How do you convert a Unicode string (containing extra characters like £ $, etc.) into a Python string?
If you have a Unicode string, and you want to write this to a file, or other serialised form, you must first encode it into a particular representation that can be stored. There are several common Unicode encodings, such as UTF-16 (uses two bytes for most Unicode characters) or UTF-8 (1-4 bytes / codepoint depending on the character), etc. To convert that string into a particular encoding, you can use:
>>> s= u'£10' >>> s.encode('utf8') '\xc2\x9c10' >>> s.encode('utf16') '\xff\xfe\x9c\x001\x000\x00'
This raw string of bytes can be written to a file. However, note that when reading it back, you must know what encoding it is in and decode it using that same encoding.
import codecs f = codecs.open('path/to/file.txt','w','utf8') f.write(my_unicode_string) # Stored on disk as UTF-8
Do note that anything else that is using these files must understand what encoding the file is in if they want to read them. If you are the only one doing the reading/writing this isn't a problem, otherwise make sure that you write in a form understandable by whatever else uses the files.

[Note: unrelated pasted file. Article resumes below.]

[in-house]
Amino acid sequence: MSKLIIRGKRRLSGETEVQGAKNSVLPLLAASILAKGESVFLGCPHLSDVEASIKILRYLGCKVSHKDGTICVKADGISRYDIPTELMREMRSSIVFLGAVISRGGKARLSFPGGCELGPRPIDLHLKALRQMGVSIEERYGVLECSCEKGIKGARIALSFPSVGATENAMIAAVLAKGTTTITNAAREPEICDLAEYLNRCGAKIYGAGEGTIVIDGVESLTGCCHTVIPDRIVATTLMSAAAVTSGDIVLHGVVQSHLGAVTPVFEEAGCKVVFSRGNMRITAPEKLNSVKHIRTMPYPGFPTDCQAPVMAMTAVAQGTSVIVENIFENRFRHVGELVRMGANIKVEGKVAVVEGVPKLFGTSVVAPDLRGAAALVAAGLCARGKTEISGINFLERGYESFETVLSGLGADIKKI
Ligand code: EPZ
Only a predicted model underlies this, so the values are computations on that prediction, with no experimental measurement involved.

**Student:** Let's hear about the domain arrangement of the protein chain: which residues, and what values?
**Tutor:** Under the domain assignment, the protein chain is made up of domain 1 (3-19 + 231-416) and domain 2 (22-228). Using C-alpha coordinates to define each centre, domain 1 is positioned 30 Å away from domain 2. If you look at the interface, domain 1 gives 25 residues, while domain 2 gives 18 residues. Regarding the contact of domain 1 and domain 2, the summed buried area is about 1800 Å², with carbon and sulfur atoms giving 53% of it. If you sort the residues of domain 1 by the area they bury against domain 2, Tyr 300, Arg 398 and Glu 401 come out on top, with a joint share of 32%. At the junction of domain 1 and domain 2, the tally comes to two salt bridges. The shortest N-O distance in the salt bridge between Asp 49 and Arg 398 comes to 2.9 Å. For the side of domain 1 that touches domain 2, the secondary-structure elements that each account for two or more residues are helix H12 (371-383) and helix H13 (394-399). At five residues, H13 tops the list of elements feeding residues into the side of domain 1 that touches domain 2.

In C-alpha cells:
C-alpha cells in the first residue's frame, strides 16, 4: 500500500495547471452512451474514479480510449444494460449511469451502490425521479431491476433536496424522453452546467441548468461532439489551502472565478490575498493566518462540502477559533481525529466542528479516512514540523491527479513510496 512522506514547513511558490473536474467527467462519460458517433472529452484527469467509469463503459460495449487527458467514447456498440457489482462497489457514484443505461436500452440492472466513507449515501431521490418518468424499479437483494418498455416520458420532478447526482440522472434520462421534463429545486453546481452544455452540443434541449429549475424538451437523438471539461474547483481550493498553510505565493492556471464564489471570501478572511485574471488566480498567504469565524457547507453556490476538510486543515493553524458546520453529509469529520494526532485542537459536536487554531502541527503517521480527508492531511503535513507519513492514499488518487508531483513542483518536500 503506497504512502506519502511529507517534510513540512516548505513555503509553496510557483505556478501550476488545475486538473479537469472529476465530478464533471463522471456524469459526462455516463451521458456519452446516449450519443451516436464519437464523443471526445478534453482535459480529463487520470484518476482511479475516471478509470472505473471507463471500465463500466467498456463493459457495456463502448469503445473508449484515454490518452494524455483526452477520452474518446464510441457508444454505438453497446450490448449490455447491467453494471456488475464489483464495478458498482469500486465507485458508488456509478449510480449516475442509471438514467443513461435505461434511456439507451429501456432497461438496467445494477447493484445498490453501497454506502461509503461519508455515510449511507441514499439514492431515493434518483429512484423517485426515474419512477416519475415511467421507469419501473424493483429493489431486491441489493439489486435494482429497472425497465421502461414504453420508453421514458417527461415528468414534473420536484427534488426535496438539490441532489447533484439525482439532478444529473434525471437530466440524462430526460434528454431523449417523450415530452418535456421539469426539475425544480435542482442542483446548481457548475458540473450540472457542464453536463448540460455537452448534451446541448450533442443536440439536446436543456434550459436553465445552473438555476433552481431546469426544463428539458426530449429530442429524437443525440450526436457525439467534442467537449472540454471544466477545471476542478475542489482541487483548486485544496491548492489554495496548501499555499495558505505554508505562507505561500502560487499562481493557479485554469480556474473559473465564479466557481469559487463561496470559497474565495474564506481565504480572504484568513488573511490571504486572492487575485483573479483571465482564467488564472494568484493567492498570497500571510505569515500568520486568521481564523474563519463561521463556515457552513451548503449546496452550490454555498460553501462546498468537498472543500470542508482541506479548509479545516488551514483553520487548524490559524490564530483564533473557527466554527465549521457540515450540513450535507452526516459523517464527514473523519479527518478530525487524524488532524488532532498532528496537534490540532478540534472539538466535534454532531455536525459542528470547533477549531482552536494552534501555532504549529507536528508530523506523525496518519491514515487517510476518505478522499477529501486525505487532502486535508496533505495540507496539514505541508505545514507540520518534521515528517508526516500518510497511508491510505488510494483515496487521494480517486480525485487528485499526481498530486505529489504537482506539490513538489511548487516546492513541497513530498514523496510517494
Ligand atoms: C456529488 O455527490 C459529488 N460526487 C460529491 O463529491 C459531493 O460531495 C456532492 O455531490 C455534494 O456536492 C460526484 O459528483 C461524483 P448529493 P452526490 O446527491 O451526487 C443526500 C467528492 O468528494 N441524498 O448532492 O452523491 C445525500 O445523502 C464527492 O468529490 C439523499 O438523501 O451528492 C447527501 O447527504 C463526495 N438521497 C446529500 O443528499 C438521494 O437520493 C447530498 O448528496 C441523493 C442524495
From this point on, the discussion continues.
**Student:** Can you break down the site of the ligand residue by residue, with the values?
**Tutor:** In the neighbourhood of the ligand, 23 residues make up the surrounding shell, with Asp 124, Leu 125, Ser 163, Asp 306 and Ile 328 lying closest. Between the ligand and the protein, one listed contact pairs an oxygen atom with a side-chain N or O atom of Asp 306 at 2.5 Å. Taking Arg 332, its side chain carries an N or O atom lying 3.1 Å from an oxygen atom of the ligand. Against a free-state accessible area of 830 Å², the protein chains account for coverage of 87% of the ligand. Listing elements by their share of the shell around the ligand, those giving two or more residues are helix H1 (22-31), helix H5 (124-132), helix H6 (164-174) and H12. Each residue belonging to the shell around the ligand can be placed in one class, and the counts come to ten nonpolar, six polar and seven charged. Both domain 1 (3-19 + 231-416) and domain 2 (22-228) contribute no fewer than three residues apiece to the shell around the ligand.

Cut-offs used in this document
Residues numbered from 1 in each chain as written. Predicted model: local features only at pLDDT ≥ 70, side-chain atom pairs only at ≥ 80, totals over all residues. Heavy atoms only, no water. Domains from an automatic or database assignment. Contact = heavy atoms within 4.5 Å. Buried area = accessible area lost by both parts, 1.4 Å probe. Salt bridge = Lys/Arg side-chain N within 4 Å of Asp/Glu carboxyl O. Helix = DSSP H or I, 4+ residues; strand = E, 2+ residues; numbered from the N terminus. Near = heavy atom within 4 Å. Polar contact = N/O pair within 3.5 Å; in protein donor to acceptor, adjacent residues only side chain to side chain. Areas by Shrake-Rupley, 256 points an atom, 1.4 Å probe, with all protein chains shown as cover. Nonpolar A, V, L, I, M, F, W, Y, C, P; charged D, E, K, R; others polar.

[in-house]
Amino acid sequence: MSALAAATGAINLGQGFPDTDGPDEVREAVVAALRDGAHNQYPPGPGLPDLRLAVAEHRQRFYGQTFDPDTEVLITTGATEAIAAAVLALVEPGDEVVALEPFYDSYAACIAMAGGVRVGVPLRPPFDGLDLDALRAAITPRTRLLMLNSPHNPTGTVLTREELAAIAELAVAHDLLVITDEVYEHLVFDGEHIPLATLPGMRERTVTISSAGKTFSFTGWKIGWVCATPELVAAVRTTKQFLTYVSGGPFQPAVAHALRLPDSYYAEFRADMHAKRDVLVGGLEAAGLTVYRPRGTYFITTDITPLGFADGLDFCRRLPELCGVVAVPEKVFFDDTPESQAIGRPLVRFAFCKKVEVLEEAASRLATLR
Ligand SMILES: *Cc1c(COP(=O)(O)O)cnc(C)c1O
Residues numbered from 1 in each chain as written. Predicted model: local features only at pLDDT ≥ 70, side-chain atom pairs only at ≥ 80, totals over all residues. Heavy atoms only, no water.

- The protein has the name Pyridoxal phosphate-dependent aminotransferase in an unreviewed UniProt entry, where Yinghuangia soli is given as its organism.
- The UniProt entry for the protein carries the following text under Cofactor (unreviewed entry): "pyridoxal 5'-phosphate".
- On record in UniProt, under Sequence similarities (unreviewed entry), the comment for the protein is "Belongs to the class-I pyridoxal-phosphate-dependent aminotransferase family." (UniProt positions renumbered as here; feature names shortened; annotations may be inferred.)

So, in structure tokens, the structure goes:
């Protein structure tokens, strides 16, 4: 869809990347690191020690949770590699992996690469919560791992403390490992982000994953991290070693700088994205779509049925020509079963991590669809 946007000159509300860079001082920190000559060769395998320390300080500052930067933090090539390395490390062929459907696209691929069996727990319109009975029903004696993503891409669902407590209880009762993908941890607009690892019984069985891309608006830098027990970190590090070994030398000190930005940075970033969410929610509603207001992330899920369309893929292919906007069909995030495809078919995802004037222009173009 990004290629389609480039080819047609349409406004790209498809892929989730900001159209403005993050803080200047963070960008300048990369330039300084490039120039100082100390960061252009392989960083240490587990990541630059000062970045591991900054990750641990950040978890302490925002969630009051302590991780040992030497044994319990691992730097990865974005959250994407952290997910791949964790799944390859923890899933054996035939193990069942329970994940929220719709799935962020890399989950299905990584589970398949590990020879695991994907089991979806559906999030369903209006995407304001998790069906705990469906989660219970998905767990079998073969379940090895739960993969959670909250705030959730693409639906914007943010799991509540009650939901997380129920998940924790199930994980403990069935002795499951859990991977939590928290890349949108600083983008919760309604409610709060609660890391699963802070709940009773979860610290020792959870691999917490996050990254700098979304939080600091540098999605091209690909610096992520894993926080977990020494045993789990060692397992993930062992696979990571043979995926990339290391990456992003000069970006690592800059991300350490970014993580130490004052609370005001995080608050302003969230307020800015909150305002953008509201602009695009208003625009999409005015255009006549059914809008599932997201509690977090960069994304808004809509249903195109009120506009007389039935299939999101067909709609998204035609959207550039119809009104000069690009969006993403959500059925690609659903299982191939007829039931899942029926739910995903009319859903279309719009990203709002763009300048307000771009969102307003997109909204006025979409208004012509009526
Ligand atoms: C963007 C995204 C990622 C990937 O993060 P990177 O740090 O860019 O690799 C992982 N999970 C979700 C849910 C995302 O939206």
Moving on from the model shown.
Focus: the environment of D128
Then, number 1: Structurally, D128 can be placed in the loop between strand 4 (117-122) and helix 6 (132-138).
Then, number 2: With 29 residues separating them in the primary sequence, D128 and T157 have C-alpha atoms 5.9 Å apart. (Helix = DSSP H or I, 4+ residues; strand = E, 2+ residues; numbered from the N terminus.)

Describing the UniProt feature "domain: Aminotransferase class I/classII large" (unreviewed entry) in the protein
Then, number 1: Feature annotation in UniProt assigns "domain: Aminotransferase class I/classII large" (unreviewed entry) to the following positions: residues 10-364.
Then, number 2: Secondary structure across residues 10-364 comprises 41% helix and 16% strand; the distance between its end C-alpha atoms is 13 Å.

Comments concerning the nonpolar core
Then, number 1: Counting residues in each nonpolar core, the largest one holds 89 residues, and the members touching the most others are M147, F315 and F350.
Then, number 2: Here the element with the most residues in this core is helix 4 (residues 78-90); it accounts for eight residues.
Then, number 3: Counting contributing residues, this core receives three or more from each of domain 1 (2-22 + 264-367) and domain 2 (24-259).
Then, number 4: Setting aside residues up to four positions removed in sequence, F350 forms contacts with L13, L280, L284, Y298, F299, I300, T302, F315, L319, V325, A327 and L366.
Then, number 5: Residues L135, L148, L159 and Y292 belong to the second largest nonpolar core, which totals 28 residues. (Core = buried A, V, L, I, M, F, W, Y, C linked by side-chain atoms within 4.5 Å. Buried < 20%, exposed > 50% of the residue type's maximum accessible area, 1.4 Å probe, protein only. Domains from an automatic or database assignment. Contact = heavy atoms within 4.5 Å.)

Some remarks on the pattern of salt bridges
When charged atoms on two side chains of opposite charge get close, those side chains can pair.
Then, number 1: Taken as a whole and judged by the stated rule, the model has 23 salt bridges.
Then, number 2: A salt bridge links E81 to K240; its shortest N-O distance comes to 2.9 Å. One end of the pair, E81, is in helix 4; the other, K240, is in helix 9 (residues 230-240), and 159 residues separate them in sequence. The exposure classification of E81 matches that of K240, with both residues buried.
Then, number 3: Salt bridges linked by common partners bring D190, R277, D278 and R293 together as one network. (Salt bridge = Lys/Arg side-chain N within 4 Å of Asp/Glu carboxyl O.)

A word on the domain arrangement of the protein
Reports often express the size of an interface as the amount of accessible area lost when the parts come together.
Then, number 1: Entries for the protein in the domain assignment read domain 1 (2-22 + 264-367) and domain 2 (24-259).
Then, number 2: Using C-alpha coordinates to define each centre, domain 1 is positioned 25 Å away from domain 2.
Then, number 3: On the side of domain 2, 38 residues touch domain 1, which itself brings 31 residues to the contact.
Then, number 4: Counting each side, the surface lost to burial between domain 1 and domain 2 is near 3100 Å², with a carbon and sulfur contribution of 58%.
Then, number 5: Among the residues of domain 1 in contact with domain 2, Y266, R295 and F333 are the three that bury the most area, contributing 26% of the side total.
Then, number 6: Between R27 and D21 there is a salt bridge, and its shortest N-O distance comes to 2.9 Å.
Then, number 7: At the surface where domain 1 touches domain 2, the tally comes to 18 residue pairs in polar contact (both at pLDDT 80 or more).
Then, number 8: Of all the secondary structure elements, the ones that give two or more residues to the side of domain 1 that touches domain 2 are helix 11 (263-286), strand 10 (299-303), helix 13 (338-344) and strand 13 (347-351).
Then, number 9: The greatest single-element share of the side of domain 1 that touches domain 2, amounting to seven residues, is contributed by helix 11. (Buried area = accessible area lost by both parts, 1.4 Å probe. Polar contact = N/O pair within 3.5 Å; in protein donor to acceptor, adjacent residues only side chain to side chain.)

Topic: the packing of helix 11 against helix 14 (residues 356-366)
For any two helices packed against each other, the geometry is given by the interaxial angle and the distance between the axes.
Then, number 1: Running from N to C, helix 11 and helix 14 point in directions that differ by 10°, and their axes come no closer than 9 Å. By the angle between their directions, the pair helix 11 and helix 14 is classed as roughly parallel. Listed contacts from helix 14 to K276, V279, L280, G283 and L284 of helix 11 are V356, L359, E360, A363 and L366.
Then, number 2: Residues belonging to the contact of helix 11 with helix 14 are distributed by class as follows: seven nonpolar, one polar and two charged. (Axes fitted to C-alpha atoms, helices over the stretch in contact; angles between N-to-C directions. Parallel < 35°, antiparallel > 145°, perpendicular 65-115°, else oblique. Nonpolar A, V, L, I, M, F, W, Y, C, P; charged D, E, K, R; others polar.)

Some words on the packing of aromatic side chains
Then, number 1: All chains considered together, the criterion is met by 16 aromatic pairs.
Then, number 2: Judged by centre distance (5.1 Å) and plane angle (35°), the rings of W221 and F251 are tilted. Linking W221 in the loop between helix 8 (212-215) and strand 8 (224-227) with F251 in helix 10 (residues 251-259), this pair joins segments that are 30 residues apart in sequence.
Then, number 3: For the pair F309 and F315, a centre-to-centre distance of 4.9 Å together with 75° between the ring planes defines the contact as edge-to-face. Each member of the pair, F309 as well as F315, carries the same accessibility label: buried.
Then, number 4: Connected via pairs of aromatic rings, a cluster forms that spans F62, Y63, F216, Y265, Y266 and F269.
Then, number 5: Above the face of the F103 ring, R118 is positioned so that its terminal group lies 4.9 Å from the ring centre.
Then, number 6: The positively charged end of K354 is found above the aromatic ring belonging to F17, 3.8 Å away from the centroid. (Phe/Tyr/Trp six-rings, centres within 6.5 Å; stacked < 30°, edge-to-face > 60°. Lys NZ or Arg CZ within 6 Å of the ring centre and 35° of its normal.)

In Python 3, this form of file access is the default, and the built-in
open function will take an encoding parameter and always translate to/from Unicode strings (the default string object in Python 3) for files opened in text mode.
Well, if you're willing/ready to switch to Python 3 (which you may not be due to the backwards incompatibility with some Python 2 code), you don't have to do any converting; all text in Python 3 is represented with Unicode strings, which also means that there's no more usage of the
u'<text>' syntax. You also have what are, in effect, strings of bytes, which are used to represent data (which may be an encoded string).
(Of course, if you're currently using Python 3, then the problem is likely something to do with how you're attempting to save the text to a file.)
protected by Josh Crozier Feb 16 '17 at 20:04
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